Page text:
It’s no great secret that startups and SMBs in Brazil and Mexico struggle with funding their operations. And, despite significant recent strides by burgeoning fintech and traditional banking players and strong measures taken by the Central Bank(s), entrepreneurs in these two countries remain markedly underbanked and underfinanced.
Timely financing at key moments in a company’s evolution could mean the difference between flourishing and failure, forcing business owners to struggle between the limited funding options commonly available to secure their much-needed capital.
“Family and friends are the number one alternative for funding. The second alternative is generally a personal loan with personal guarantees, so you always must respond at a personal level for whatever happens to the company, with personal assets at risk. Number three, if you’re lucky enough to be connected to the very few venture capital funds in the region and globally, you can dilute yourself with venture capital money. And finally, you have those new SMB lending platforms making small, clean and fast loans, which are typically expensive,” explained Hugo Mathecowitsch, a55 co-founder. He and Fabio Massuda, Movile director of strategy, spoke with LABS about their new relationship and its implications for the Latin American startup ecosystem.
Founded in 2017 by Mathecowitsch and André Wetter, a55 plans to change all that – offering credit lines to “new economy” startups with predictable future revenue. And, thanks to a brand new BRL 92.8 million ($16.3 million) Series B investment led by long-term investor and local LatAm tech accelerator, Movile, this leading platform is well-positioned to make its vision a reality.
A use case for a55’s funding model – and a personal experience from the founders
By offering financing when these emerging companies need it most, a55 can potentially save them from becoming another startup failure statistic. Mathecowitsch recalls their first deal, “Omie is the largest ERP for financial accounting for SMBs. My partners and I [used] our own personal savings accounts to save the company from near-bankruptcy, using pen and paper for a personal loan. Today this company is a rockstar. This shows that at the right time very small solutions, with or without technology, can really make a difference.”
What is the “new economy?”
According to Mathecowitsch, the definition of the “new economy” is still evolving. Although this sector is rooted in tech, recent changes in the regulatory environment, COVID, and the development of new technologies make the interpretation more nuanced. “I think that today, it’s not whether you’re tech or non-tech. I think if you’re non-tech, you’re probably dead,” Mathecowitsch said.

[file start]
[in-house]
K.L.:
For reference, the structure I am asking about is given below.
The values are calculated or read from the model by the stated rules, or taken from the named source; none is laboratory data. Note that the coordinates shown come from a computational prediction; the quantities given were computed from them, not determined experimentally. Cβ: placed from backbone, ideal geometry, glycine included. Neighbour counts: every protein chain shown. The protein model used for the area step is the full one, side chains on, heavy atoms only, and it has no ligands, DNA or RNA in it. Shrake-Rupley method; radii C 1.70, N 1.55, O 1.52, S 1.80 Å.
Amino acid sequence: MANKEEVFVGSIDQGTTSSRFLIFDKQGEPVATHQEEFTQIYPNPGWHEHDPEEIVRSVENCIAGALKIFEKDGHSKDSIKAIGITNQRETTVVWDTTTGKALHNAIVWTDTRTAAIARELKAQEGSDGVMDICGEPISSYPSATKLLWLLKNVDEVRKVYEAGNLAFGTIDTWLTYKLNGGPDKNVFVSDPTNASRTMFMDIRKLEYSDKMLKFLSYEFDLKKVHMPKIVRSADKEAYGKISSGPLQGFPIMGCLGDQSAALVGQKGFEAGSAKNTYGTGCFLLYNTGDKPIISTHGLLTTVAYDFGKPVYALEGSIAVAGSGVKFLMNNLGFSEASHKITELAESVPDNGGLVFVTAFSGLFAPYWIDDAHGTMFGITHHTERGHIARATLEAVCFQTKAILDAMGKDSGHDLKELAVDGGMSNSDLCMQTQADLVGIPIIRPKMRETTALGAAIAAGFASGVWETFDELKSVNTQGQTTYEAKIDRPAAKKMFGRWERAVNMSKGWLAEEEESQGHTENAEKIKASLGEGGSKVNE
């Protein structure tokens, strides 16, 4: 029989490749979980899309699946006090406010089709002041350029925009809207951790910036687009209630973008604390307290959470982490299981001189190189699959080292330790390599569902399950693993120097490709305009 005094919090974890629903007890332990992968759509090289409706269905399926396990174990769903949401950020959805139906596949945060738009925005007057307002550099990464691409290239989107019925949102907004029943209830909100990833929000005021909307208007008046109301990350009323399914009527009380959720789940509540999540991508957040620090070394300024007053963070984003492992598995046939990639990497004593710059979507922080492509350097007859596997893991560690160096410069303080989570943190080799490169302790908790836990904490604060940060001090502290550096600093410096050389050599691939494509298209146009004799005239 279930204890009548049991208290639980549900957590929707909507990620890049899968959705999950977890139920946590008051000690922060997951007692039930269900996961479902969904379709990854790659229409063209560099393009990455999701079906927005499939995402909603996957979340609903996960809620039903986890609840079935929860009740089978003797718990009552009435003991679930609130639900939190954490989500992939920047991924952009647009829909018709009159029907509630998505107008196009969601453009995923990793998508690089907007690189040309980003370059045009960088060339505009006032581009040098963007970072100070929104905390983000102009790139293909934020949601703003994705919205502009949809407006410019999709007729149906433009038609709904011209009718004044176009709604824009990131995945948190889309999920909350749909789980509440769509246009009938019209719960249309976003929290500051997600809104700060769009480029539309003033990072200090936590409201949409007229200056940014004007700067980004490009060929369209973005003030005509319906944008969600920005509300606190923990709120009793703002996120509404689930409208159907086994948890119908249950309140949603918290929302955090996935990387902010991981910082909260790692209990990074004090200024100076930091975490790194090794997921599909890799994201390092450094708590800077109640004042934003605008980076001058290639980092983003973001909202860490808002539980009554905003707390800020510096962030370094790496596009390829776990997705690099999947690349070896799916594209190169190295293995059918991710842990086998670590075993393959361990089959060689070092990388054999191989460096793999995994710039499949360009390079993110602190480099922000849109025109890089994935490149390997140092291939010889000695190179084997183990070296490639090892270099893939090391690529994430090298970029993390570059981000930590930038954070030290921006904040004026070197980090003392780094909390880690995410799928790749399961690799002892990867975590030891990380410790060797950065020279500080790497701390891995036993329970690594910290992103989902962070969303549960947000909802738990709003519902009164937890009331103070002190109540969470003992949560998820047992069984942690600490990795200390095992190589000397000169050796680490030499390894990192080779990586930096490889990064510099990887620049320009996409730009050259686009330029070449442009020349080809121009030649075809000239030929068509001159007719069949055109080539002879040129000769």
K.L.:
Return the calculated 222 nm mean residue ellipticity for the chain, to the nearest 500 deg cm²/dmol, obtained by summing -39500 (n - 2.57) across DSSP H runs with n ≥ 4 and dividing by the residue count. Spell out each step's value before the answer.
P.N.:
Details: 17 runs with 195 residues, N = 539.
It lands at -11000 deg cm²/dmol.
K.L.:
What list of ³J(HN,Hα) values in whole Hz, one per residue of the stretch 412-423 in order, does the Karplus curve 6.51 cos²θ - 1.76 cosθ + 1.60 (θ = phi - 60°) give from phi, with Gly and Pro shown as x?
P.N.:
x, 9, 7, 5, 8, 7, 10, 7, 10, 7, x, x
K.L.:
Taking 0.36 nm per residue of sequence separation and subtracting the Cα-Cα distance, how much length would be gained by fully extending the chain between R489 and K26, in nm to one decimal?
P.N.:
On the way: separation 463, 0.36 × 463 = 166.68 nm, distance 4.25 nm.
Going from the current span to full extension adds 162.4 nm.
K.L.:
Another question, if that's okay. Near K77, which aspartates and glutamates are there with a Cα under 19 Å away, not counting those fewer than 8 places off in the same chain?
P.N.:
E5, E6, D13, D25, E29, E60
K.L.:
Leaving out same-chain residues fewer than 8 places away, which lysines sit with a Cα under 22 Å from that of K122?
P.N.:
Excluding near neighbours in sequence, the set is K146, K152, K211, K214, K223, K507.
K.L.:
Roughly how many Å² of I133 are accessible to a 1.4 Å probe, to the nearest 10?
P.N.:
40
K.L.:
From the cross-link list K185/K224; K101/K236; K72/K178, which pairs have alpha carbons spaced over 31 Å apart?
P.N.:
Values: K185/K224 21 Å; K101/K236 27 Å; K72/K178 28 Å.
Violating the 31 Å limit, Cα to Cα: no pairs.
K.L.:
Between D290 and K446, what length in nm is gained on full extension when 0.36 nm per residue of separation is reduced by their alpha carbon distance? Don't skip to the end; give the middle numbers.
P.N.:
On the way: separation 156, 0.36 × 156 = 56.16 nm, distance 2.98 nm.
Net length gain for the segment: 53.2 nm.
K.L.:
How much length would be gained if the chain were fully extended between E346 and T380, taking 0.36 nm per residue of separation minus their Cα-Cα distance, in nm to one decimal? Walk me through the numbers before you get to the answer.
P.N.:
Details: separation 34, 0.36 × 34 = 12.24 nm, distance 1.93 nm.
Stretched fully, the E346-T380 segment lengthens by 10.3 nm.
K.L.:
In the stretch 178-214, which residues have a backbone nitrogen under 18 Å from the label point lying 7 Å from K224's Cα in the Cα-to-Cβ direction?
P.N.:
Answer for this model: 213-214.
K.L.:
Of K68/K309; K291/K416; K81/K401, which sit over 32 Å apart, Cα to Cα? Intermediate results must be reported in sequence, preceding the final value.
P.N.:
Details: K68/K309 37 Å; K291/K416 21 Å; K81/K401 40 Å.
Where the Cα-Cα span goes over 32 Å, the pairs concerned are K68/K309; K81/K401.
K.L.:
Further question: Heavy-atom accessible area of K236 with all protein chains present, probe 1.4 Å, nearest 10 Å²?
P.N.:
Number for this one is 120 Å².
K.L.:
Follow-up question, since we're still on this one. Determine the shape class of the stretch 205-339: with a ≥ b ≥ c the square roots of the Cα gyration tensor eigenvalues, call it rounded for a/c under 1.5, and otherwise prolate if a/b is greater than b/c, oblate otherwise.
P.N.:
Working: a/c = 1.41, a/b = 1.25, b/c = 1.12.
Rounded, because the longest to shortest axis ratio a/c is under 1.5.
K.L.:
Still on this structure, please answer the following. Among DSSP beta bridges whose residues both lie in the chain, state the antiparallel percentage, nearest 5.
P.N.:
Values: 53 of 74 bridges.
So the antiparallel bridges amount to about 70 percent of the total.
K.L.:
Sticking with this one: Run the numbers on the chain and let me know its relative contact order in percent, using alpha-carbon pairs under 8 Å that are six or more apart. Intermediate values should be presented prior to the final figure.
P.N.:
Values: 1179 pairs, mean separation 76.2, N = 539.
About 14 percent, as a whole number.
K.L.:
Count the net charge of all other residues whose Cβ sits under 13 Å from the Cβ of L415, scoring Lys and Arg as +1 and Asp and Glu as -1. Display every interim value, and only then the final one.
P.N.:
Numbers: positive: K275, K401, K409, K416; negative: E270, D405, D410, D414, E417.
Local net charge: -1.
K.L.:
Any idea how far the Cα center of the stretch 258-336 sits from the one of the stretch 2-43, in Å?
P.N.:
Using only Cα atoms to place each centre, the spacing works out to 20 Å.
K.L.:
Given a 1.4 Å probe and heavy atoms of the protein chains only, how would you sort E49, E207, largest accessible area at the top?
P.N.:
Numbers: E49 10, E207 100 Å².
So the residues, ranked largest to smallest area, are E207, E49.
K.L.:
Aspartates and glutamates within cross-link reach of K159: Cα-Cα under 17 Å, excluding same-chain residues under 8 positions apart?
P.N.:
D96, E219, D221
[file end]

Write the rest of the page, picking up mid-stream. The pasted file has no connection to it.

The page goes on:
Instead, the new economy encompasses “connected companies” that actively use such tools as online payments, CRMs, digital marketing, online stores, or any integrated platforms that are primarily web-oriented. These tools create valuable analytics and monetizable business data, which a55 can leverage to predict revenues and thus secure and provide upfront capital for startups that need it.
Connected companies and the entrepreneurs who own them aren’t the only winners – there are two sides to a55’s strategy. By using this predictive revenue modeling, a55 is essentially creating a new, liquid, transparent, fixed-income-like asset class that attracts investors looking to diversify their portfolios, while giving them a stake in companies with demonstrated revenue and the potential for exponential growth.
How large is this market?
Already, a55 deploys over BRL $400 million in loans to more than 500 companies. Their median investment size today comes in at BRL 300,000 with an average of around half a million reais. And, their growth rate remains phenomenal, with cumulative volumes increasing roughly 6x in 2021 vs. 2020.
Despite these impressive figures, a55 is only scratching the surface. Mathecowitsch estimates that roughly 25% of SMBs in Brazil and Mexico now utilize the economic tools necessary for predictive revenue modeling, and adjusting for their target-sized company, this equates to almost 4.5 million businesses that could benefit from their services.
Fabio Massuda, Movile director of strategy, agrees and underscores that digitalization of the economy is only accelerating. “Many companies are emerging to fill the gaps that exist in the market. I think we will probably see that trend continue for the next few years, and these emerging companies will need financial services along the way,” he explains.
What this investment means for a55
With this Series B investment, a55 plans to accelerate its expansion in Brazil and Mexico while using the fresh capital to recruit more talent and grow its portfolio of clients. Further, a55 intends “to enhance its existing open-finance platform, develop new data science and blockchain-based technologies and continue its international expansion.”
From a Movile standpoint, a55 stands to gain a lot more than a simple influx of money. “[Movile] believe[s] that capital is our entry ticket to start a deep relationship with the company,” said Massuda, “We are long-term investors that not only offer the funding but also strategic support in many different subjects: strategy, M&A, culture, people, management models, … so basically, we really want to find companies with teams that are open to our support.” At the same time, Movile’s extensive portfolio of companies creates numerous opportunities to foster collaboration, a perk that may prove immeasurably beneficial to a55.